Chancellor Betty Rosa said the Regents’ decisions are evidence of nuance, not rigid ideology or partisanship.

“I think there’s too many times when people want to simply say ‘you’re for’ or ‘you’re against.’ It’s so much more complicated than that,” Rosa told Chalkbeat in an interview Wednesday. “To me, if it’s a wonderful opportunity for kids — you got me. If it’s not, I’m probably going to be your worst enemy.”

As an authorizer, the Board of Regents has the power to approve new schools and decide which of its 87 schools should remain open. In addition to deciding the fate of individual schools, the board is rethinking how it evaluates all of its schools   and whether they should take a closer look at measures like surveys or chronic absenteeism.

With several new members and a relatively new leader, the Regents’ actions have been under particular scrutiny for signs of partisanship. Some have seized on recent events, such as critical statements made by some Regents as charter schools have come before the board for approval or renewal.

One Regent suggested that charter schools achieve high test scores by pushing out students; another suggested a charter school in Brooklyn is contributing to segregation.

Rosa has fiercely opposed a proposal that would allow some charter schools to certify their own teachers, calling the idea  “insulting.” The board also rejected a batch of Success Academy renewals, arguing that their authorizer attempted to renew the high-performing but controversial charter schools too soon. (The move had little practical effect, since their authorizer, SUNY, can override the board’s decision.)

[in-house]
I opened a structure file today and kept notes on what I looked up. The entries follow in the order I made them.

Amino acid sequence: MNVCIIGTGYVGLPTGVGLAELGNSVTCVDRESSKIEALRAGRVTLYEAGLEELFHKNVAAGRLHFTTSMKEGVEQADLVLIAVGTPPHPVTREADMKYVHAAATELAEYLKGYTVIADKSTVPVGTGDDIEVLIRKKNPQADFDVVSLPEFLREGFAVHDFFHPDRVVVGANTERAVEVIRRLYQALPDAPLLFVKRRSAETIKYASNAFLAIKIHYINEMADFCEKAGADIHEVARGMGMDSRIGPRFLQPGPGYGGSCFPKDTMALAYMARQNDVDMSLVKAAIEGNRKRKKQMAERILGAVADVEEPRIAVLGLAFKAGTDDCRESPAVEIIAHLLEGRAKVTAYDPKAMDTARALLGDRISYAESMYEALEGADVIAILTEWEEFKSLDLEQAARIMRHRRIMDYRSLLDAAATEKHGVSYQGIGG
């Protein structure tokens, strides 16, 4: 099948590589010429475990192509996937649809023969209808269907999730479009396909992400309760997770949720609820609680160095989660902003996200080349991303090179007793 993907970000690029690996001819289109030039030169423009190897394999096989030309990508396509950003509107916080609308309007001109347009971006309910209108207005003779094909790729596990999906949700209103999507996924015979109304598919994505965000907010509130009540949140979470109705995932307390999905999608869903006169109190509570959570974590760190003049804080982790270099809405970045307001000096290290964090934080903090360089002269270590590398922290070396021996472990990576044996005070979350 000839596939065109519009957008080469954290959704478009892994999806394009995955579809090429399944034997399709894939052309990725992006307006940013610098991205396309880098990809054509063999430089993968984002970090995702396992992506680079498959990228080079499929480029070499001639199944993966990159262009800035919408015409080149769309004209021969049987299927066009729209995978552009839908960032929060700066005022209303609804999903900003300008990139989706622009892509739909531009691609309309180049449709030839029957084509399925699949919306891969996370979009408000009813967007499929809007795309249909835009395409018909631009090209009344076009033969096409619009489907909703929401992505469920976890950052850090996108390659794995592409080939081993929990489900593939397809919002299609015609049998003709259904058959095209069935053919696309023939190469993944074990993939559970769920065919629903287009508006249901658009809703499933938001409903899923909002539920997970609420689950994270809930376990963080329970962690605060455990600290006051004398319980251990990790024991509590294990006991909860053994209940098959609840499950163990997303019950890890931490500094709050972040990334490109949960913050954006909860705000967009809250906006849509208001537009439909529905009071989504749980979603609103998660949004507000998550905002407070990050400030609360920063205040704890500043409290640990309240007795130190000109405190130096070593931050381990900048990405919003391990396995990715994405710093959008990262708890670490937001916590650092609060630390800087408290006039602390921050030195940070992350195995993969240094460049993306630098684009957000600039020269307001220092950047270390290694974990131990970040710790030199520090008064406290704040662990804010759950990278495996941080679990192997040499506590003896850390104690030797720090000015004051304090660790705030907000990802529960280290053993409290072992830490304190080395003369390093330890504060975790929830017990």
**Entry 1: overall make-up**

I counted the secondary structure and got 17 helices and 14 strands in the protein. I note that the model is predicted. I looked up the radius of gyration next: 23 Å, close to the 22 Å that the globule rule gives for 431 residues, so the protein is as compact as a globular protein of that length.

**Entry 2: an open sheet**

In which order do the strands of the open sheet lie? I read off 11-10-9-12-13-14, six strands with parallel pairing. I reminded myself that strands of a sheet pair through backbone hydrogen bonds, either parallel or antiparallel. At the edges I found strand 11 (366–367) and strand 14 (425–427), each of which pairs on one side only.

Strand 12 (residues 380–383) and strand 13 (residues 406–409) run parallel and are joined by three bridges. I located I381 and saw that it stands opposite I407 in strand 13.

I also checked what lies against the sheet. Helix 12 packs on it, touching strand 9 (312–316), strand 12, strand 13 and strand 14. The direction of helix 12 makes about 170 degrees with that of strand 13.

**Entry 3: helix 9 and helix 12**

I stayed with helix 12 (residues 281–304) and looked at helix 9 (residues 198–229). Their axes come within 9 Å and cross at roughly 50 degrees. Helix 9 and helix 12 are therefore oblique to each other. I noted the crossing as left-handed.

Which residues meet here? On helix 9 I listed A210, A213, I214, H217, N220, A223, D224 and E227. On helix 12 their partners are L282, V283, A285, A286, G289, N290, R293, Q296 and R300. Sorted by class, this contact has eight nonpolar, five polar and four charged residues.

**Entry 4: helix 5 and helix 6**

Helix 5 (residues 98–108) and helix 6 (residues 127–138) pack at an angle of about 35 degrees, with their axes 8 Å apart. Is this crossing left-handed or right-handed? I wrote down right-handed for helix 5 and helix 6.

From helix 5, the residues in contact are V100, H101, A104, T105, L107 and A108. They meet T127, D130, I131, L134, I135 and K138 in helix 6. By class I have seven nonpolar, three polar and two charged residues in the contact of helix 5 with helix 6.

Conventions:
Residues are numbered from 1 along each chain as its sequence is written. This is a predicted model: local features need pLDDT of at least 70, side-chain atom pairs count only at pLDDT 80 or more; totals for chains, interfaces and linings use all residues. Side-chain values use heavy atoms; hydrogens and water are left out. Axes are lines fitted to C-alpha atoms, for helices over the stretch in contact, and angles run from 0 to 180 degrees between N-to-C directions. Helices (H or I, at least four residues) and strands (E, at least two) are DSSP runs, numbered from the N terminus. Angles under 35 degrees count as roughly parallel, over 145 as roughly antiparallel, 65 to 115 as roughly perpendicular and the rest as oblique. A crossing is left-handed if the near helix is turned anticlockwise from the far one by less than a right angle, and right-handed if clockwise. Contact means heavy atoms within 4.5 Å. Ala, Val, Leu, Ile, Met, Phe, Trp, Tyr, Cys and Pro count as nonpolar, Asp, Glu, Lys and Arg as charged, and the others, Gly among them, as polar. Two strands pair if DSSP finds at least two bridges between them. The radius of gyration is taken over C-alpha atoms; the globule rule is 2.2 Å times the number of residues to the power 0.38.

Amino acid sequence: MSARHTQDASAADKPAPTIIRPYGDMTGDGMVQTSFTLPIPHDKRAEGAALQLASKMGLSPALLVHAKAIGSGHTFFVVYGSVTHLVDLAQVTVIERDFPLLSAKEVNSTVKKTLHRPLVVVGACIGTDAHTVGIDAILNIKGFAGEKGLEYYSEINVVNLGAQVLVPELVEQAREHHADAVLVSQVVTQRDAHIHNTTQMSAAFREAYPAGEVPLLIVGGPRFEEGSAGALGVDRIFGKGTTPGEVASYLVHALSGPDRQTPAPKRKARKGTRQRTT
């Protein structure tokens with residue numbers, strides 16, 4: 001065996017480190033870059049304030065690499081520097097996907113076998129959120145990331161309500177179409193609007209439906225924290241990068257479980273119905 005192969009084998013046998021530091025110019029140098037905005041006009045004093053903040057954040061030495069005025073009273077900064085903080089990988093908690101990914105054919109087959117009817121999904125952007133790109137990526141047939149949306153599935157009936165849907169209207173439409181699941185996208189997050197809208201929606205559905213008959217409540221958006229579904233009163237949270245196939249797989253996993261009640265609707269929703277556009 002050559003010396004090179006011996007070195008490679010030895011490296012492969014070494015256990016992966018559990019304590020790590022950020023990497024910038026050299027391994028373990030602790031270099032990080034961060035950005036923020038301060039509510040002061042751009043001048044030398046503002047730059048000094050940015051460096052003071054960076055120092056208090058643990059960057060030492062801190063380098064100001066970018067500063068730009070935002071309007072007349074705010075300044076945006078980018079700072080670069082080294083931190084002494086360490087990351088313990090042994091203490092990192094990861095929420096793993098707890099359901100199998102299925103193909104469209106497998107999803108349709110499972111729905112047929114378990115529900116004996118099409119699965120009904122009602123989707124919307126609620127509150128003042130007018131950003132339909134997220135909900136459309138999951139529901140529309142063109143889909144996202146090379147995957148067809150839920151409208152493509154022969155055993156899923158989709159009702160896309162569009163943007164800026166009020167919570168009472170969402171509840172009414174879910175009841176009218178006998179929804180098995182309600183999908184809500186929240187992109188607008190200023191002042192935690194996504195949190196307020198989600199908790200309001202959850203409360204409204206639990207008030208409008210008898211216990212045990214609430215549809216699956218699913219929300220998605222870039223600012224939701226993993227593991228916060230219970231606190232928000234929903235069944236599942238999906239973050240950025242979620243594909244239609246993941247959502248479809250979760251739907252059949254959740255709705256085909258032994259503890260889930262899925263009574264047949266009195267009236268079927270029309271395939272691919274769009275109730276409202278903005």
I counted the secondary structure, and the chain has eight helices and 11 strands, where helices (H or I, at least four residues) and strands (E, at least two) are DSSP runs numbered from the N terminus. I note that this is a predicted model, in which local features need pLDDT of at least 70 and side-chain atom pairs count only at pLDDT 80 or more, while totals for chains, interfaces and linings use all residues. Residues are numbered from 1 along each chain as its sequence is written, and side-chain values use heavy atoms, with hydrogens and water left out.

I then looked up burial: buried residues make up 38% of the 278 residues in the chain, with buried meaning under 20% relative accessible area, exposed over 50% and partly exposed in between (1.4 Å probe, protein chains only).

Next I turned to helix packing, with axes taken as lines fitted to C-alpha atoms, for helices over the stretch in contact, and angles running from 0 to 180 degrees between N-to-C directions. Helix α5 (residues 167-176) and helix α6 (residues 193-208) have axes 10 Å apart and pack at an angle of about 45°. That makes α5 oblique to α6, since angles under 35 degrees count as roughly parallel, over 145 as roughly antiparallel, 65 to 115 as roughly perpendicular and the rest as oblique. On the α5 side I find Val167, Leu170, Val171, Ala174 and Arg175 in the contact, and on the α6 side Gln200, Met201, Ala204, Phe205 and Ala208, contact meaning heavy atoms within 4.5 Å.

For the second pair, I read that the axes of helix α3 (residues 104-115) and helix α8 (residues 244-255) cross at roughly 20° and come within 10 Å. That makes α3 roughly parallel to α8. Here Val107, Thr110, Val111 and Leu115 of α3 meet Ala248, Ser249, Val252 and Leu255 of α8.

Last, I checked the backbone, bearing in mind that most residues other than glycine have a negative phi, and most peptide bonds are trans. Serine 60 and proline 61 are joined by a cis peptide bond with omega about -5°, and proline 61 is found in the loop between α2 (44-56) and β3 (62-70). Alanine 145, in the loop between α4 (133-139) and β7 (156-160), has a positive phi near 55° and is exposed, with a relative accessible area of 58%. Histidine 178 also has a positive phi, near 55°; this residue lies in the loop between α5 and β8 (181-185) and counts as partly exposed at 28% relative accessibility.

Rosa said the sum of these decisions does not mean either she or the board is anti-charter. Her opposition to the teacher certification proposal had nothing to do with the source of the proposal — a charter authorizer — but because, she said, she believes the idea is an affront to the teaching profession and will allow unqualified teachers to enter classrooms.

The Success Academy renewals, she said, were returned based on legal requirements — and were not an appraisal of the charter network.

But taken together, observers of different educational ideologies have concluded that the board is more likely to probe problems with charter schools than in the past.

“It is quite a change from a couple years ago, and it does show greater misgivings about charter schools than what we saw under the board as it was previously constructed,” said Bob Lowry, deputy director of the New York State Council of School Superintendents. (Lowry said he appreciates that the board is paying more attention to how charter schools will affect the funding of surrounding school districts.)

The state’s teachers union has picked up on the change and praised the board for providing more oversight of charter schools, while calling on them to do more.

“The Regents, at this point, are providing much overdue scrutiny of the charter sector,” said NYSUT spokesman Carl Korn. “We believe that the Regents and the state education department need to do more, but this is a good step.”